(Host) A citizen’s group wants Vermont’s largest city to offer some form of protection to illegal immigrants.
The group hopes that by declaring itself a “sanctuary city,” Burlington will send a message that it’s open to all, regardless of their legal status.
VPR’s John Dillon reports:
(Dillon) Sanctuary city organizer Wilson Skinner explained that the term was first coined in the 1980s. That’s when refugees fled violence and political persecution in Central America.
(Skinner) “The way we are envisioning sanctuary city is a place where people of all skin colors, all accents languages are treated equally. The question is, are we going to be flooded with immigrants?’ And the answer is no. People go to where there are jobs. If Burlington is booming and is flooded with jobs, people will come to Burlington regardless. If there are no jobs, people will not come.”
(Dillon) There are dozens of sanctuary cities around the country. The legal impact varies from place to place, depending on the city policy that’s adopted.
In general, the idea is to ensure that all residents are eligible for city services. Organizers also want to discourage police from asking for documentation that would show a person’s legal status.
Walt Decker is a deputy chief of police in Burlington. He says Burlington is a re-settlement community for refugees and that city police have a strong anti-bias policy.
(Decker) “Most instances, whether it’s a speeding ticket or a minor dispute, the question of citizenship doesn’t even come into the picture. We don’t ask it, we’re not required to.”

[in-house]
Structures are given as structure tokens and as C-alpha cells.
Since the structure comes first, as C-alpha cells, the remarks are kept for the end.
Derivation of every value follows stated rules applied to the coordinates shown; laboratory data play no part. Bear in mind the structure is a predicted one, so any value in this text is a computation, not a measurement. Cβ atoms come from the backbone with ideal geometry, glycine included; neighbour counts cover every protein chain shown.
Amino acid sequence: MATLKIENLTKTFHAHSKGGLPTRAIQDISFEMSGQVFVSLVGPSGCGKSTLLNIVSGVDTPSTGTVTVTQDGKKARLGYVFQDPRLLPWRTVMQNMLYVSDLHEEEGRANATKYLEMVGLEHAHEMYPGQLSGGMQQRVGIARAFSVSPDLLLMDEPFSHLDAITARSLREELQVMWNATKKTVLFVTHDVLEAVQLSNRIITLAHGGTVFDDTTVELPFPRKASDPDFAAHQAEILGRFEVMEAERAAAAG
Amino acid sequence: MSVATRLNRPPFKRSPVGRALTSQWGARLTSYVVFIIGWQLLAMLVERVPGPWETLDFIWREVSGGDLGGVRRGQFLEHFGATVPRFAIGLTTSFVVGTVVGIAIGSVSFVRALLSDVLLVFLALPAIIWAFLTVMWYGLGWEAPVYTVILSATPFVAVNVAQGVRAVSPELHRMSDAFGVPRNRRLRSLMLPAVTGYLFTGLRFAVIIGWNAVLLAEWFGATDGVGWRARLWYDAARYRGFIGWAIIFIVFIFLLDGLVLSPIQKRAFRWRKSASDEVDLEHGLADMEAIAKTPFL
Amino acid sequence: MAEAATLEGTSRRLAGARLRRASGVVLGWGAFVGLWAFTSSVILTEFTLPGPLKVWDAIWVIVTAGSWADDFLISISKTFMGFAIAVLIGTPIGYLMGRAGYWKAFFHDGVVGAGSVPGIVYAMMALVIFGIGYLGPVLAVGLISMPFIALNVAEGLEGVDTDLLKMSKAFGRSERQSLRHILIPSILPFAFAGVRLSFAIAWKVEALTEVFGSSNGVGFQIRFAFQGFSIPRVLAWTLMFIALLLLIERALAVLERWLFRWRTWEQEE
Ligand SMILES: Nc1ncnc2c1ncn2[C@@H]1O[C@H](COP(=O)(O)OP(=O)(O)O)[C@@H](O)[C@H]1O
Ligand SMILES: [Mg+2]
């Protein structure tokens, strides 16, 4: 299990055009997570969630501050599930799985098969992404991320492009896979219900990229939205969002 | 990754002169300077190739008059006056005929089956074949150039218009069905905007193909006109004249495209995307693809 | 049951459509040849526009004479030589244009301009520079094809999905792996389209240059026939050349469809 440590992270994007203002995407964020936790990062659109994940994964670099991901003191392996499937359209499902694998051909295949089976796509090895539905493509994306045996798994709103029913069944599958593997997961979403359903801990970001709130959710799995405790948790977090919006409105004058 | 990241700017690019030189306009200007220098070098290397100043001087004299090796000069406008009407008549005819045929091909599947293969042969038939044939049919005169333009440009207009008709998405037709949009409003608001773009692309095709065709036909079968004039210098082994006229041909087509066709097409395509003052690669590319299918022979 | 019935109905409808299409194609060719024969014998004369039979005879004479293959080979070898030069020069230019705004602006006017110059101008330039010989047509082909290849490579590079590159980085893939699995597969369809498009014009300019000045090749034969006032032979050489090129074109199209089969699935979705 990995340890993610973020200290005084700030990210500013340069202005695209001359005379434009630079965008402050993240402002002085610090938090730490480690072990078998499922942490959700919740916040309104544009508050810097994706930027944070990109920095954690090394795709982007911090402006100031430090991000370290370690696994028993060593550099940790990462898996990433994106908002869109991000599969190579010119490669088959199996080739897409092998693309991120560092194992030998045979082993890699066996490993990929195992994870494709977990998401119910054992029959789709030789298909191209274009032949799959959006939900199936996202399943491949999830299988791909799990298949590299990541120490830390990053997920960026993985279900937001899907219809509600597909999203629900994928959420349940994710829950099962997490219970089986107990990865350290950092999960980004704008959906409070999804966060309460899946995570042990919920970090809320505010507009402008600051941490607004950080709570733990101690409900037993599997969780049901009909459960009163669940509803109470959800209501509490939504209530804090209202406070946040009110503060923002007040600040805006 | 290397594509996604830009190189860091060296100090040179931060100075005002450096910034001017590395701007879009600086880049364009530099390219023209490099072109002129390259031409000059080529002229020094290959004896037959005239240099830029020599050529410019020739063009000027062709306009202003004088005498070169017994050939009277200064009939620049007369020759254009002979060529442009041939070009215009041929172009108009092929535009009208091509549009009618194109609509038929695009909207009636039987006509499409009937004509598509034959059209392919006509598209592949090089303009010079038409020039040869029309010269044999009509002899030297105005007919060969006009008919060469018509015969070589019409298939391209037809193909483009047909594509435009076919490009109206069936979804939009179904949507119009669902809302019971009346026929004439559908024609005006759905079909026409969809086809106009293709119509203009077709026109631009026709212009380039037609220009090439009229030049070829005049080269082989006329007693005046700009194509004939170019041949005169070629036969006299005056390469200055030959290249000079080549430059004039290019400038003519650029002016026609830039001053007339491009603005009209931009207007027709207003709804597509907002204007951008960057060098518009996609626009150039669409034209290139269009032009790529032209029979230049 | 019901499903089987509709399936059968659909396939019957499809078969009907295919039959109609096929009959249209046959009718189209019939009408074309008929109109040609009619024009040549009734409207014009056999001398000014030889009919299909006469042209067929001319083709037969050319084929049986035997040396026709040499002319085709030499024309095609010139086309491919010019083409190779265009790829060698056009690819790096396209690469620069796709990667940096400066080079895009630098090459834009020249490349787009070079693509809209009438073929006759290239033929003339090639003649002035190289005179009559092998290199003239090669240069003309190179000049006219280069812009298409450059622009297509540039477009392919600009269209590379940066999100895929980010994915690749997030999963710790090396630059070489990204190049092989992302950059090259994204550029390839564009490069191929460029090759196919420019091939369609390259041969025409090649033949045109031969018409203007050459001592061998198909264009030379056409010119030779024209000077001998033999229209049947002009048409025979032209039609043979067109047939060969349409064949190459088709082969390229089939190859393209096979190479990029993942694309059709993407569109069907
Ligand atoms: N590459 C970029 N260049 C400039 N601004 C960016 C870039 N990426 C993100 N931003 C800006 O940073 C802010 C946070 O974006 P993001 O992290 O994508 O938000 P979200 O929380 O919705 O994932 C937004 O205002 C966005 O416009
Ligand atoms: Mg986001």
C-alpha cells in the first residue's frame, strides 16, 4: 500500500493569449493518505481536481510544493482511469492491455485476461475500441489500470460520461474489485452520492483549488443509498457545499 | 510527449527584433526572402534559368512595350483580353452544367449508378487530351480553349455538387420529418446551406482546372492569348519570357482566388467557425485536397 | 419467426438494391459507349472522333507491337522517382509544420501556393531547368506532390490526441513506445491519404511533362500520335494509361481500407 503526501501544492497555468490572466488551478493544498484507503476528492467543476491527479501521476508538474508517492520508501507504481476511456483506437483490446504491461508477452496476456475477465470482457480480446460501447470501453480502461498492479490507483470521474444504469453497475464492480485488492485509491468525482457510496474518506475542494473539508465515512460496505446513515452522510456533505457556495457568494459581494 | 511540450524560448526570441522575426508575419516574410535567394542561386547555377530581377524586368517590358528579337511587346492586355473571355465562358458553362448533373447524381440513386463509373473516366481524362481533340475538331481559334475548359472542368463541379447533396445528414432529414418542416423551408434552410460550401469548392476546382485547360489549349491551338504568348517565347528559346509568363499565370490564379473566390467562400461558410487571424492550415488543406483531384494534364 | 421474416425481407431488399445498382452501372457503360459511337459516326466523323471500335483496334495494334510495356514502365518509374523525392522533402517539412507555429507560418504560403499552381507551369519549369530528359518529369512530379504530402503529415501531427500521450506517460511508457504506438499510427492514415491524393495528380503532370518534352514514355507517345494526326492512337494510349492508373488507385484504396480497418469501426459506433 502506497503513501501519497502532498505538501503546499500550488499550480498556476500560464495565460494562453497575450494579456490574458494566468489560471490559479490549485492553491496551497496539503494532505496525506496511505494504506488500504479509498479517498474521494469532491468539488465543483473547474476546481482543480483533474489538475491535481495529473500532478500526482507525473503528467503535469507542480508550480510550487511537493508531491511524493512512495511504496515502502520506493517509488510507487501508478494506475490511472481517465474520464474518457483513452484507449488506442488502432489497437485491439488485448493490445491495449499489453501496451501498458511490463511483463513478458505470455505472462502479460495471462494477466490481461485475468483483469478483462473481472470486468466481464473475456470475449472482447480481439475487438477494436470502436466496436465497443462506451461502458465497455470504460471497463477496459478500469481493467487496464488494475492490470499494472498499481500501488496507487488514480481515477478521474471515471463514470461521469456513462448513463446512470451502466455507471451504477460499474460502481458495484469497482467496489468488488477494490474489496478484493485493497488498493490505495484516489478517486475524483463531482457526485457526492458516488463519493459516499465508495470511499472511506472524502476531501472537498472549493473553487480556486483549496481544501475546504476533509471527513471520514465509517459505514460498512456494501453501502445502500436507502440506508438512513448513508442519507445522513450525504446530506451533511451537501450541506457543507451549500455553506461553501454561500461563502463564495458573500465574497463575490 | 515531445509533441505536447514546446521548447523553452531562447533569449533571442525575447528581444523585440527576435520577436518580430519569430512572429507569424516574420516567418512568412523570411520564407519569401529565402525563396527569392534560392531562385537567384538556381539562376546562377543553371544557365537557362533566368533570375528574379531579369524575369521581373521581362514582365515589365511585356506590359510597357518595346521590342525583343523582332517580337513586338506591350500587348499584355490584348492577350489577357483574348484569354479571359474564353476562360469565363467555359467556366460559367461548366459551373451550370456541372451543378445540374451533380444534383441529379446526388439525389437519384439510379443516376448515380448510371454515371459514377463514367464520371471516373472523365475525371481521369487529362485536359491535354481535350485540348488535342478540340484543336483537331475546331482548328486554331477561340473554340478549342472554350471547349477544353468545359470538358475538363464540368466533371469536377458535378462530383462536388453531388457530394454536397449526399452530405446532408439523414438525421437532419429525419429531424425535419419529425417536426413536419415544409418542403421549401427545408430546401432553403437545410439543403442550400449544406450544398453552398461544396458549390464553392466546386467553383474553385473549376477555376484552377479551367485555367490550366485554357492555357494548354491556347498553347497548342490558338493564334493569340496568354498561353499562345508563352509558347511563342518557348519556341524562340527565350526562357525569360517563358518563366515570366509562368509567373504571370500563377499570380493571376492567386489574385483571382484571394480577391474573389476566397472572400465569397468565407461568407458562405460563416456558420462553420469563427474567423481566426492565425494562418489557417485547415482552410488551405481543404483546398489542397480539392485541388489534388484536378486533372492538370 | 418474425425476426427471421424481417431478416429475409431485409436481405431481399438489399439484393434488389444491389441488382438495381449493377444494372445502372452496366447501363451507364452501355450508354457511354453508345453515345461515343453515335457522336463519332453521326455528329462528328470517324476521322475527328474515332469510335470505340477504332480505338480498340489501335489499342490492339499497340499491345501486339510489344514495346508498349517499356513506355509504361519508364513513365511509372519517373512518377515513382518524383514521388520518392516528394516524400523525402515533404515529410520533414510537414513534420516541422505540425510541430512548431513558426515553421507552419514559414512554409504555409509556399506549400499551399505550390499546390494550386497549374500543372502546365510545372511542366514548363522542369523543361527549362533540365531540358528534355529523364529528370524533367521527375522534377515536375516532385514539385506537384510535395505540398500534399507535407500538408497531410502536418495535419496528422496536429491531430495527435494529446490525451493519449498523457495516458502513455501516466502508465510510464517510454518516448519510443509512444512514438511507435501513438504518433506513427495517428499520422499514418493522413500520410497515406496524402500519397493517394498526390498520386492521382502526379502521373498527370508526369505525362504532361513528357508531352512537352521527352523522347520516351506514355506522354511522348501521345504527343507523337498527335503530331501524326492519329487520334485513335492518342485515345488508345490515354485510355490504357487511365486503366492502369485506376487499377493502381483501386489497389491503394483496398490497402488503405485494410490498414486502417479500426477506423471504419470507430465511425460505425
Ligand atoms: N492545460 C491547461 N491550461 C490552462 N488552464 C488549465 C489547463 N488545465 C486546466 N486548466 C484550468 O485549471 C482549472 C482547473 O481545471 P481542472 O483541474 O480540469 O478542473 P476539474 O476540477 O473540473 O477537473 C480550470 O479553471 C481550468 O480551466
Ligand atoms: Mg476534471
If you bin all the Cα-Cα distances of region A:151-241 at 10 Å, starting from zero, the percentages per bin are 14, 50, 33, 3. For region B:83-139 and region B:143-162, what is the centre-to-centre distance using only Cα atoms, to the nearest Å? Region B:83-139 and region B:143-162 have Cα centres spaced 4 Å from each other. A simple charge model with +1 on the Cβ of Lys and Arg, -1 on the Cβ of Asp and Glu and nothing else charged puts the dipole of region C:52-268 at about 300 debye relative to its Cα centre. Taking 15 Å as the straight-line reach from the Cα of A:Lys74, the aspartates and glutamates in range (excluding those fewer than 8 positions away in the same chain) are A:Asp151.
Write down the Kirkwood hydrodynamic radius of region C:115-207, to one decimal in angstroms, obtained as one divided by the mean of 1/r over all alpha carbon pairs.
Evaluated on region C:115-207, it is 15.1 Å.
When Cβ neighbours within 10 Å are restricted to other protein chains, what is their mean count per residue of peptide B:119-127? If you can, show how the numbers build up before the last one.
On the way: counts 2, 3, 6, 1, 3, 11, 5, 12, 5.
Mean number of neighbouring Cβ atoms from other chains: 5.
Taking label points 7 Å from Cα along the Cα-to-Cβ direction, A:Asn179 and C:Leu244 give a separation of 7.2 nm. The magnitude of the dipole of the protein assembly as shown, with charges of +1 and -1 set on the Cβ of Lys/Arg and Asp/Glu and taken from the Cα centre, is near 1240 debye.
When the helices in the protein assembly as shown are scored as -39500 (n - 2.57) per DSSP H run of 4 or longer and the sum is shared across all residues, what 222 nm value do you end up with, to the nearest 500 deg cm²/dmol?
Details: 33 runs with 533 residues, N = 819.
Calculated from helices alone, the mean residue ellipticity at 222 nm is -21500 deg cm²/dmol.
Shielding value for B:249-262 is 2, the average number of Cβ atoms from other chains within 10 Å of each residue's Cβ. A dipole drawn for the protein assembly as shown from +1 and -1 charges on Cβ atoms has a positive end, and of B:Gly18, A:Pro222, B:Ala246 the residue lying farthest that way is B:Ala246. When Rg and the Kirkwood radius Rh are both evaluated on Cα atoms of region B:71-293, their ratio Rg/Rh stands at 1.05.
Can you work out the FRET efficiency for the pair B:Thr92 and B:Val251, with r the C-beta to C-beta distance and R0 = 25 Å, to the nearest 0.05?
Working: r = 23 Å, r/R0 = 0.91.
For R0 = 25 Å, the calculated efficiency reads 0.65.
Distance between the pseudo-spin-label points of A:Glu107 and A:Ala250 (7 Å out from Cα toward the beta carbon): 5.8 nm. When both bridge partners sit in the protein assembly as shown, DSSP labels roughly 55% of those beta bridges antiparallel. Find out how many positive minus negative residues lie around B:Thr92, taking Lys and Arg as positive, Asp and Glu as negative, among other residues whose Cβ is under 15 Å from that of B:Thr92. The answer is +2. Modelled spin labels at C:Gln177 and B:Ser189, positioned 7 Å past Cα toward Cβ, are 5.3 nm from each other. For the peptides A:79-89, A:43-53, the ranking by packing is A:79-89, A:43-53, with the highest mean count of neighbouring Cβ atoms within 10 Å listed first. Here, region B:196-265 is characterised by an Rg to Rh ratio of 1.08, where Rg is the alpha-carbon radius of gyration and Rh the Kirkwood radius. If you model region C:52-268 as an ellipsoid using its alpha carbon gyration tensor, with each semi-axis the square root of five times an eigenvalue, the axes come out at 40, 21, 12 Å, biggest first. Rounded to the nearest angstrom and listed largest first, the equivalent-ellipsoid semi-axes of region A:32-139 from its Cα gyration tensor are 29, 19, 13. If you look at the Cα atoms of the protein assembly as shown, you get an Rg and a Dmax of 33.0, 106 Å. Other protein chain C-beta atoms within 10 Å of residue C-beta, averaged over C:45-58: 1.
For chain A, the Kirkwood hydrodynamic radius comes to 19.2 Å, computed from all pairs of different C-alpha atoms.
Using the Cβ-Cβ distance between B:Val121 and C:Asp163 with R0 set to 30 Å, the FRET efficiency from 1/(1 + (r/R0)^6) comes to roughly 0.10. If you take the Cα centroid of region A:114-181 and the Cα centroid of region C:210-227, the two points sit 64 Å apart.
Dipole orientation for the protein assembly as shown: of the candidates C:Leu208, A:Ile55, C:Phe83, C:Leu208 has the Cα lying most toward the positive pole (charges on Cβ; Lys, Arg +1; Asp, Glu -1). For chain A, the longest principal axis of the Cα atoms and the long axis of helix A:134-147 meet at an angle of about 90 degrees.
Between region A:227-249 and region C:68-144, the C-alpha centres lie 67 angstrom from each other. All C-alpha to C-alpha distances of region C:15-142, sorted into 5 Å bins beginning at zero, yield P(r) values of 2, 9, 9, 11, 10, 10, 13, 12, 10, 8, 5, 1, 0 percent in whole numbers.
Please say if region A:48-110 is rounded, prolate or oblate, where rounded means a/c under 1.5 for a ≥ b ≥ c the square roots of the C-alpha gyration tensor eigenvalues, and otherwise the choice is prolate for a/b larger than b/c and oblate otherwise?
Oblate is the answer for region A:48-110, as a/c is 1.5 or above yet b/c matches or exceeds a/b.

(Dillon) But Vermont law also requires police to determine whether a person who is arrested has ties to the community. And in checking out that question, police may come across the person’s immigration status.
(Decker) “If a person does not have proper identification or does not have a tie to the local community, in the process of running those checks, that’s where it comes up against the federal law as to whether this person actually should not be here.”
(Dillon) Proponents of the sanctuary city designation point to examples in other communities in which illegal immigrants called 911 for an emergency and then were turned over to immigration authorities.
In one case reported this summer, a Mexican farm worker in Addison County dialed 911 by mistake. He was trying to get an international line by dialing 011. When he realized the mistake and hung up, police responded and the worker was later arrested and deported.
Burlington resident Peter Lackowski attended the forum last week. He says people should not be afraid of reaching out for help in an emergency.
(Lackowski) “The thing that I’m thinking about is a public safety issue. I want to have people, everybody who lives in this town, and everybody who lives in Vermont, feel that they can call the police if something that needs to be deal with.”
(Dillon) Deputy Police Chief Decker says his department’s policy to help victims, not to ask for their immigration status.
For Vermont Public Radio, I’m John Dillon in Burlington.